This Project is Helping Colorado Farmers with Mental Wellness

Rural farmers and ranchers face unique challenges.

Rancher in Colorado.

(Joseph Sohm /

Farmers and ranchers in rural Colorado are usually thought of as independent, strong, and resilient. Not the people who would typically take stock of their mental health. But the additional environmental stress of droughts, and economics are taking a toll, reported the Durango Herald.

In La Plata County, mental health is not a topic that is usually discussed but as the stresses of raising crops and animals multiply, farmers and ranchers are beginning to deal with the stigma of being mentally unwell and the culture that has prevented people from seeking medical help.

“I don’t think it’s really talked about in our community much,” Ann Reid, who raises chickens, turkeys, and ducks told the Durango Herald. “People just kind of keep it to themselves. “It’s the whole ‘men don't cry’ stigma of it.”

Agricultural Stressors
For the people who work in agriculture, they are frequently at the mercy of things they cannot control; like the weather and economics. Combined, this makes farming in Southwest Colorado difficult and very stressful.

In 2022, the area suffered a severe drought and that made farmers reduce their crops to conserve water. The dust from the dry fields also impacted the laying rates of the hens on Reid’s farm and an outbreak of avian influenza also threatened her flocks.At the same time, animal feed prices went up due to the war in the Ukraine.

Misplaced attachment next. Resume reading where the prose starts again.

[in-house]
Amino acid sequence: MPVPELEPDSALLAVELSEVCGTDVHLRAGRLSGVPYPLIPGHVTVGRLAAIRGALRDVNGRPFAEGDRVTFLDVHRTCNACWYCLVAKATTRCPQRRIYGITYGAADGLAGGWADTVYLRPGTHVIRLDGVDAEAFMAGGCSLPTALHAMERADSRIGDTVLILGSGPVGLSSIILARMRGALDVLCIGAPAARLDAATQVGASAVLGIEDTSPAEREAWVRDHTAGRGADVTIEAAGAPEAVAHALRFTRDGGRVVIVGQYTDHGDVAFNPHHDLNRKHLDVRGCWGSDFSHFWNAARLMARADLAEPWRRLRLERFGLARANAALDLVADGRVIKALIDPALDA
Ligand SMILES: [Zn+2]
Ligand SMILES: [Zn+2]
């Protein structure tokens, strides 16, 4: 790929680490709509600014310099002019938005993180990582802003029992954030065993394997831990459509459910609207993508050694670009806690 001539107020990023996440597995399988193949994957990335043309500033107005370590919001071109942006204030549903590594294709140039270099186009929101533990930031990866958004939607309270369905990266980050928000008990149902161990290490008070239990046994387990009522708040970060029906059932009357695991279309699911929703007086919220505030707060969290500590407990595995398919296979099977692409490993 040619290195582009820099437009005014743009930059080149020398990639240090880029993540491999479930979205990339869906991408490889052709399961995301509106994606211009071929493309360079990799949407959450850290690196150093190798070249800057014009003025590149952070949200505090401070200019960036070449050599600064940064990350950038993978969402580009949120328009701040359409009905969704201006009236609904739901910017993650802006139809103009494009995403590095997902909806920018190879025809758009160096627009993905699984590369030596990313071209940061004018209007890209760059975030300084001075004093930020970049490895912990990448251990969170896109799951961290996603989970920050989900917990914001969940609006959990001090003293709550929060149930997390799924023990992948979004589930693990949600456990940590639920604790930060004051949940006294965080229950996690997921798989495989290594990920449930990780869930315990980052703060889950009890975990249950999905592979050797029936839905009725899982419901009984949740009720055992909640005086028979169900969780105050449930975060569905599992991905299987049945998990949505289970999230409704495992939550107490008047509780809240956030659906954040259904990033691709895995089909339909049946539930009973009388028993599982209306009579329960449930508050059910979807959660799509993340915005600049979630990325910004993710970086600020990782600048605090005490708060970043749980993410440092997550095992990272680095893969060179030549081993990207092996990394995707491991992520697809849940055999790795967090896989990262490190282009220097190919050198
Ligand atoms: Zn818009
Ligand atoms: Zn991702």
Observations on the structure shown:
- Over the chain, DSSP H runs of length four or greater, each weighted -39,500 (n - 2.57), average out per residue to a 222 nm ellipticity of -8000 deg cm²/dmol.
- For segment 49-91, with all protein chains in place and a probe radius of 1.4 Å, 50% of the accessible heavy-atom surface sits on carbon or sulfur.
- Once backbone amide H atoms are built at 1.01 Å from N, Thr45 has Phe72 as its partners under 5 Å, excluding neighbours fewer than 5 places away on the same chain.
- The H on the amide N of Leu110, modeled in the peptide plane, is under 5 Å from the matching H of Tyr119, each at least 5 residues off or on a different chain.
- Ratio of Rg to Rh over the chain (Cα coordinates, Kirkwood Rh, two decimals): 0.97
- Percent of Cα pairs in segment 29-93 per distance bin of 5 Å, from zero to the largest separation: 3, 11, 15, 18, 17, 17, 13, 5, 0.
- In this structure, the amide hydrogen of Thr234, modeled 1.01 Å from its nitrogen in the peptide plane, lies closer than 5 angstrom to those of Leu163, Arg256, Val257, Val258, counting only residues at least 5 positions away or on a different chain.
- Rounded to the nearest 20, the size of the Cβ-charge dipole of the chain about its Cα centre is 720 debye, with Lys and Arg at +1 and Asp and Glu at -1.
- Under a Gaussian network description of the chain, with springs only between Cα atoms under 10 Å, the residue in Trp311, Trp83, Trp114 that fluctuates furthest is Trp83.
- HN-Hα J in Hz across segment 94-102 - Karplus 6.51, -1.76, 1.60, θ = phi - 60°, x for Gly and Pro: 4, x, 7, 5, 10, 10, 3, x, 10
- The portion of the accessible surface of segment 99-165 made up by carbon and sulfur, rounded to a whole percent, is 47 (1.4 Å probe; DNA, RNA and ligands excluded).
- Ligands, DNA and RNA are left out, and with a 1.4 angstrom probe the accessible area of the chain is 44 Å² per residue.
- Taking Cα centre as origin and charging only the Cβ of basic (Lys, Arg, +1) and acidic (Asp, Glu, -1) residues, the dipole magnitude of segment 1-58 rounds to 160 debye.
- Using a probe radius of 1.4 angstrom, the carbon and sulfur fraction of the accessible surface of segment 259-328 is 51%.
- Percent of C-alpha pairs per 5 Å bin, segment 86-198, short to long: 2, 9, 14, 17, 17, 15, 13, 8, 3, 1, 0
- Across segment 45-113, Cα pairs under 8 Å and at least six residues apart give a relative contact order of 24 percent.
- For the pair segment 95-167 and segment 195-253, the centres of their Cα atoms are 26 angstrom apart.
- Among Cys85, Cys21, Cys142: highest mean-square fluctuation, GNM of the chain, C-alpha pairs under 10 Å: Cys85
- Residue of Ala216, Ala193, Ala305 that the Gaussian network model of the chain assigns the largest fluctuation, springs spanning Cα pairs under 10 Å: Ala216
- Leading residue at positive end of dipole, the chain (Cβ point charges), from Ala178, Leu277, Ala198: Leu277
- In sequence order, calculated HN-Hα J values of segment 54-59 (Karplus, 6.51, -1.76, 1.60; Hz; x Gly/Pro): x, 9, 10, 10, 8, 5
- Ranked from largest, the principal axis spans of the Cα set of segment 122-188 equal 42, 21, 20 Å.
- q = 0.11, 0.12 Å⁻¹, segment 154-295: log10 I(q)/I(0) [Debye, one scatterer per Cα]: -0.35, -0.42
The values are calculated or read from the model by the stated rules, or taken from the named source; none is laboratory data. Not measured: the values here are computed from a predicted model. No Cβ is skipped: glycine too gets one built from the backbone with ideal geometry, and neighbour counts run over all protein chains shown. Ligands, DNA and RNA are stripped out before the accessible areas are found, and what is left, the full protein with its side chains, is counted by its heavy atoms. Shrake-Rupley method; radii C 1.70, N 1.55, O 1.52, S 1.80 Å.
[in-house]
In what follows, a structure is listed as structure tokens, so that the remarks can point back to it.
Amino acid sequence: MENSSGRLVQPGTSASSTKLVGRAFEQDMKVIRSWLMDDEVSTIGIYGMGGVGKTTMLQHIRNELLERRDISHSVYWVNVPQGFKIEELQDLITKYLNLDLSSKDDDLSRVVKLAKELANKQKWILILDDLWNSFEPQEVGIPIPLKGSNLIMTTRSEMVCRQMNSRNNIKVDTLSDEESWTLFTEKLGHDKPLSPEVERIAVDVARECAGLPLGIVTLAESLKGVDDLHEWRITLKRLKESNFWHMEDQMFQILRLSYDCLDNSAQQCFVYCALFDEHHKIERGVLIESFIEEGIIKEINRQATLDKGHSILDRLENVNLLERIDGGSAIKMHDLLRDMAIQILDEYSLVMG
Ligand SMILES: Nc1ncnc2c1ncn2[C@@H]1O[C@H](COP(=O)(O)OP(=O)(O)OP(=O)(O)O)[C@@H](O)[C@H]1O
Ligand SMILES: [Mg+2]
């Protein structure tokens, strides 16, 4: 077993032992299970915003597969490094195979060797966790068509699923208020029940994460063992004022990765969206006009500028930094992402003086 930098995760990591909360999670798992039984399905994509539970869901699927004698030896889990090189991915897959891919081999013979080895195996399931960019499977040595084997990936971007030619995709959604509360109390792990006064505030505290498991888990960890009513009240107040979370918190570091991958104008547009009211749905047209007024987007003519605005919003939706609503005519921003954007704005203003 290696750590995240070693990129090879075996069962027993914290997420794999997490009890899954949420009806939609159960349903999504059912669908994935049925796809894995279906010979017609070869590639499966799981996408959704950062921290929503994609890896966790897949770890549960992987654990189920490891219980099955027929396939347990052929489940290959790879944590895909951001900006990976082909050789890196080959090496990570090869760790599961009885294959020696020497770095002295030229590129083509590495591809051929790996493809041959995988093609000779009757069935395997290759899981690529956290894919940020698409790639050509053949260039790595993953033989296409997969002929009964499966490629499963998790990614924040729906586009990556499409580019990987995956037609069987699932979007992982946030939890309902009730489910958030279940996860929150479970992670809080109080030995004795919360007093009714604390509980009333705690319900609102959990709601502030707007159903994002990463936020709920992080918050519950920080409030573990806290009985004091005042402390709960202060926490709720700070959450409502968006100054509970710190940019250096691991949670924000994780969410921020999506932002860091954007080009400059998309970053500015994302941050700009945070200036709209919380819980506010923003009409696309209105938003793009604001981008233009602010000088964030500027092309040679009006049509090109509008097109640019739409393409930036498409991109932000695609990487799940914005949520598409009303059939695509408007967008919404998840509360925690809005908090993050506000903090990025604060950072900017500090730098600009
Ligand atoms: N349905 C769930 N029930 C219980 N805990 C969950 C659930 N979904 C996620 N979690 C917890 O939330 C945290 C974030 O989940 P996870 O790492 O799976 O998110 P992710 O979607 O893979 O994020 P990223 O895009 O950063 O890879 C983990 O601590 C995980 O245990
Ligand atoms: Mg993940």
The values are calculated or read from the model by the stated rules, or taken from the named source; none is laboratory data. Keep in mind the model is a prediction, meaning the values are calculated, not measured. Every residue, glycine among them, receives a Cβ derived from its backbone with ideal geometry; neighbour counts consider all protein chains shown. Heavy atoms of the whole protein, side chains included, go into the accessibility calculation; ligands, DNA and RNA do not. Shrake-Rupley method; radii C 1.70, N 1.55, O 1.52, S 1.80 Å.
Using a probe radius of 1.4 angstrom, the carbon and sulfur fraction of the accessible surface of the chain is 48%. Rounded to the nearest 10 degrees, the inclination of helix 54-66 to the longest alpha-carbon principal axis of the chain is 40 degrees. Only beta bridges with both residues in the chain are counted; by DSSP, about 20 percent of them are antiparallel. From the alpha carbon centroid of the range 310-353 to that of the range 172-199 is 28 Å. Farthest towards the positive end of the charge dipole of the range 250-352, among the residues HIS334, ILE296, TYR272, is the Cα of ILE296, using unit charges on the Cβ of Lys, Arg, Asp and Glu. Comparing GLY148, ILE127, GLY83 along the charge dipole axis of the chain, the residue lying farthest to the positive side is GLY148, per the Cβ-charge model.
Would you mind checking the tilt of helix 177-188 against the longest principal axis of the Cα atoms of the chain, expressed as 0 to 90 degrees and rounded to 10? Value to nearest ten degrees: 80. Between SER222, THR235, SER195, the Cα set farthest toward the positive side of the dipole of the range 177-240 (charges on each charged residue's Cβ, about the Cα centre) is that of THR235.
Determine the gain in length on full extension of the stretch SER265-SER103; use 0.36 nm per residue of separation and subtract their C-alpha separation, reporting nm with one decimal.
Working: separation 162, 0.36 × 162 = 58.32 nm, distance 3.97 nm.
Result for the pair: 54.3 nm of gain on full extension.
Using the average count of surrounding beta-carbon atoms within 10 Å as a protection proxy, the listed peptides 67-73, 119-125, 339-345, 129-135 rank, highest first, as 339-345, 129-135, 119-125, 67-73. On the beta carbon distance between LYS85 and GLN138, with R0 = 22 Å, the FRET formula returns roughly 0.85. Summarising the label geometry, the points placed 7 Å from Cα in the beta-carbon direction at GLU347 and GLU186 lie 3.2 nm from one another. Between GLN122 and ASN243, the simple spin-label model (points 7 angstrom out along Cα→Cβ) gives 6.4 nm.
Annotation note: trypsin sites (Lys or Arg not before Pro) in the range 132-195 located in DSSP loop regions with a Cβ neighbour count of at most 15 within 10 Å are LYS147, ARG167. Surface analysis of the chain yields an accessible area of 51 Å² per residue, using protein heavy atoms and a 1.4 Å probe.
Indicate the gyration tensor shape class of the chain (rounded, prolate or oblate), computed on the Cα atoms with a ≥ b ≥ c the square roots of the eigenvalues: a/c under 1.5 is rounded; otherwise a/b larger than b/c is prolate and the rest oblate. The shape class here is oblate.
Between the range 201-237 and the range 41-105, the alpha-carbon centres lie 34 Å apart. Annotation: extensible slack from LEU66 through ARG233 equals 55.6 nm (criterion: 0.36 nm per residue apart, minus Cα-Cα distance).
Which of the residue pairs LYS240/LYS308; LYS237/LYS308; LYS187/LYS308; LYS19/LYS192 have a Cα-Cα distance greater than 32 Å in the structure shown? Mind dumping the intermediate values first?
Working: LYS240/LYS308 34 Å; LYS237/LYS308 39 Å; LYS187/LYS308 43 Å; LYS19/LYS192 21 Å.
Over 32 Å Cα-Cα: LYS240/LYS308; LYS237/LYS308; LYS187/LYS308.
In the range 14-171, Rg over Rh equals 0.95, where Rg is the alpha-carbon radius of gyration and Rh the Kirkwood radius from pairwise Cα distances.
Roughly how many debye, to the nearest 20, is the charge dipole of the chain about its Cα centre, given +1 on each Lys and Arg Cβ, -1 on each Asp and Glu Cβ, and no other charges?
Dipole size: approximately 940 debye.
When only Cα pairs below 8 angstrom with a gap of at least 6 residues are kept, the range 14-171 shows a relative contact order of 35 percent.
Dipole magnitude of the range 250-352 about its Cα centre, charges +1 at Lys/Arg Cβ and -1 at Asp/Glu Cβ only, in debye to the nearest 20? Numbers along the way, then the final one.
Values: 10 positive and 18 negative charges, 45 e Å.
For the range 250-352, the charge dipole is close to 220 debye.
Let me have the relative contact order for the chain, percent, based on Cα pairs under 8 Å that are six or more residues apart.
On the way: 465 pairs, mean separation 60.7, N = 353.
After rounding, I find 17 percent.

“The cost of fertilizers has at least doubled from a year ago,” Minkler, owner of Stone Peak Ranch in Ignacio and a Colorado Farm Bureau director representing District 8,  said. “So here we are in a situation where we don’t have enough water, our crops [and] our livestock are stressed, everything costs more and then we’re trying to turn a profit on top of all that. It can really wear on a person and a family.”

Getting help to the people who need it
In fact, 75 percent of the calls and text to the Colorado Crisis Services come from rural areas. But the five-county region of Southwest Colorado has only three community mental health centers and just one acute mental health treatment unit. A full 22 rural communities do not have any licensed psychologists or addiction counselors.

The lack of resources coupled with the stigma towards mental health creates barriers for the people who need the help. That’s why local and statewide groups are filling in the gaps. In La Plata County, a partnership between the Colorado Farm Bureau, Colorado Department of Agriculture, Colorado AgrAbility and other groups, called CAAMHP offers vouchers for 6 free sessions with mental health professionals.

The sessions are remote and this can preserve anonymity for people who live in small communities and a big plus is that the counselors are all trained to work with agricultural workers. The lack of understanding agricultural communities and the unique stressors has prevented many people from seeking help before this program was available.

This has been so successful that legislation has been introduced in the US congress by Joe Neguse (D-CO), who sponsored the bill along with Brittany Pettersen (D-CO. to study and improve access to mental health care for the farmers and ranchers, reported Fox News. If passed, the bill will provide the same level of care that is now available in Colorado.

“This bill would do something very simple. It tries to provide a necessary and important lifeline,” Neguse told Fox News. Helping people cope with these stressors is vitally important to improve the mental health and way of life for these multigeneration farms and ranches.

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